https://www.renfert.com/int-en/PM/Products/Equipment/Dental-Microscopes/EASY-view-3D

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I bought a relatively cheap stereoscopic visor similar to the Donegan. I do have to wear my prescription glasses as well at the same time as the correction on my eyes is not the same. If I left my glasses off, I would have differing focus distances as well. I have found the visor ok to work with so far. The biggest issue that I have with it is the headband which is vinyl in the front makes you sweat quickly where it touches your forehead. The sweat then runs down and in my case straight onto my glasses lenses.

I am going to make a couple of material covers with velcro attached to them to put over it.

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I'm still trying to find the perfect magnification.  I've nearly tried everything but as of yet nothing is very comfortable or practical for me.

I tried these https://www.aliexpress.com/item/4000770215571.html which are actually really good for the price.  Very versatile with being able to mount 2 magnifying lenses.  The light is removable to reduce weight.  The screw adjustment at the back presses in to lock it so that it doesn't loosen during use.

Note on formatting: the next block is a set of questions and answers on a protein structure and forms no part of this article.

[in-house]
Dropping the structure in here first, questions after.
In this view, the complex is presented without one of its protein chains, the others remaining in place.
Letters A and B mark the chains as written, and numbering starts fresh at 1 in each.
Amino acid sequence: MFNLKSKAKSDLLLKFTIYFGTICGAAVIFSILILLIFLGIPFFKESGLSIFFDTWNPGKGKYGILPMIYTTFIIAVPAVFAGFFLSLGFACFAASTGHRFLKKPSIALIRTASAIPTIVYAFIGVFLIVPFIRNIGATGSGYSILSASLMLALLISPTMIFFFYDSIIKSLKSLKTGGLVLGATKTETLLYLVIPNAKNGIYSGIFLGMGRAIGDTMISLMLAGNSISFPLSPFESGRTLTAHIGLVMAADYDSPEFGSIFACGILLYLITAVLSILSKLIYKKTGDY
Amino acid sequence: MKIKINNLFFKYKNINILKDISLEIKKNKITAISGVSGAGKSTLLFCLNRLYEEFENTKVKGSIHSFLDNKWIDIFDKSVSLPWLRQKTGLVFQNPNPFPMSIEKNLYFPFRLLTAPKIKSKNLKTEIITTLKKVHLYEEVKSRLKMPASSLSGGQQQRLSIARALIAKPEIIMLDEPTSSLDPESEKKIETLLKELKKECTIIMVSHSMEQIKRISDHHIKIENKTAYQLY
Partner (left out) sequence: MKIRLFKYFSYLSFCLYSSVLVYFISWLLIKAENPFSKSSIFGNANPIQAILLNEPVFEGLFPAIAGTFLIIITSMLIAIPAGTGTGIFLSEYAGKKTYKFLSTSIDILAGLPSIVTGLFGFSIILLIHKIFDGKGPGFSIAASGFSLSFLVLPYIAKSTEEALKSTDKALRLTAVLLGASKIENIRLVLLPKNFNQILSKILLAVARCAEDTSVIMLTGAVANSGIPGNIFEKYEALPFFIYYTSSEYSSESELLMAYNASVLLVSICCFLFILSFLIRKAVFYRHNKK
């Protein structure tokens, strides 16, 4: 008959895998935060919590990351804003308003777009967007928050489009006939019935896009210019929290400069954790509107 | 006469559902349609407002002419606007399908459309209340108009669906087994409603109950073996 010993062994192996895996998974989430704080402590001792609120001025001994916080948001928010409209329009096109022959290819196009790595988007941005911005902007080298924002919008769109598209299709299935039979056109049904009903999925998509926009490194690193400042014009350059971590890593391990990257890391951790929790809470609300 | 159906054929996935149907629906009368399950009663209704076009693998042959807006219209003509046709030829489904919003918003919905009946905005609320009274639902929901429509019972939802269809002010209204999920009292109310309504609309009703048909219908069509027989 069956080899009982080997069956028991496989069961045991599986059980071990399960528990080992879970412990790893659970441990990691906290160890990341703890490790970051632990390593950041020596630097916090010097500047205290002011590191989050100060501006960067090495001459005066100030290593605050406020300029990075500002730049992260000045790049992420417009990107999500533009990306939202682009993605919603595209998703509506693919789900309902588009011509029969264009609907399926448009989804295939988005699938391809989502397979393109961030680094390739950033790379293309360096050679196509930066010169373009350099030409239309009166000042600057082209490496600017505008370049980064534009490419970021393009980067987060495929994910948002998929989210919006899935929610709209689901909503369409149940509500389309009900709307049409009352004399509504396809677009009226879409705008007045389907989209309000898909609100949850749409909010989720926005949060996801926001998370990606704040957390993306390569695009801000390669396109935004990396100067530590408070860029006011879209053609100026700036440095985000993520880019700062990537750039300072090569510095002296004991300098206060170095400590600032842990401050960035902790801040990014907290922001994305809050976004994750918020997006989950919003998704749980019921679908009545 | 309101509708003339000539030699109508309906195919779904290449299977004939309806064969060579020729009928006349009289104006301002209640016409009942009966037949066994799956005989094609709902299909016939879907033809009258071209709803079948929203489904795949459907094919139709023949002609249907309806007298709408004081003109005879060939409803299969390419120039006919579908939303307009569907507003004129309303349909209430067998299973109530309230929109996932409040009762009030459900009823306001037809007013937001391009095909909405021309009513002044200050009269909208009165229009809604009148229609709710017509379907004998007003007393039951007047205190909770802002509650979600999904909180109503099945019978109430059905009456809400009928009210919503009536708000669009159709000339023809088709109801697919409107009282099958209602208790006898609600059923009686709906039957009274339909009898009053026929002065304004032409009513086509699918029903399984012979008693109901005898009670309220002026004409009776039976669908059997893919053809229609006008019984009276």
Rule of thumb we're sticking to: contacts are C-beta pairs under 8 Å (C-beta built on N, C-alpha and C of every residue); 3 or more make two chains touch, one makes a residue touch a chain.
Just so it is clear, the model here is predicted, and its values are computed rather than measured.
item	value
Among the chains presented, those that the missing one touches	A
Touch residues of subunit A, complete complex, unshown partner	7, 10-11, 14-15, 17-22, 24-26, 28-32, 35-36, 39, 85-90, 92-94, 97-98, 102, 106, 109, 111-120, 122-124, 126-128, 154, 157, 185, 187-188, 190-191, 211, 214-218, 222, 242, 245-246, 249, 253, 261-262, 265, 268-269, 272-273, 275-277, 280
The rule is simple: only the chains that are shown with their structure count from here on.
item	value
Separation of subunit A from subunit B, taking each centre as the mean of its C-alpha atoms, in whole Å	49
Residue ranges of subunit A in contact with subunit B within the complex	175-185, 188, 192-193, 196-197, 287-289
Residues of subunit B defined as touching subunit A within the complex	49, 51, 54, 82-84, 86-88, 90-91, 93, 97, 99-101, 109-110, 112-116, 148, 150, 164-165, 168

However, it doesn't suit me for watchmaking.  Sigh.

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That AliX link is essentially what I got on Amazon. The stereoscopic lenses were just two lenses side by side without any prismatic compensation. Both eyes were magnified 3.5X (I assume), but the focus was not in the same place.

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28 minutes ago, spectre6000 said:

 Both eyes were magnified 3.5X (I assume), but the focus was not in the same place.

What do you mean by the focus is not in the same place?  You mean the image in both eyes do not converge into one coherent image? Or do you mean the focal distance is different for each eye? 

Did you try the other lenses that came with your visor? 

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34 minutes ago, spectre6000 said:

Both eyes were magnified 3.5X (I assume), but the focus was not in the same place.

I found the same problems with cheap lenses. They may work for some and not others. I think I’ll invest in good quality glass. 

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Posted (edited)
On 4/10/2021 at 10:34 AM, HectorLooi said: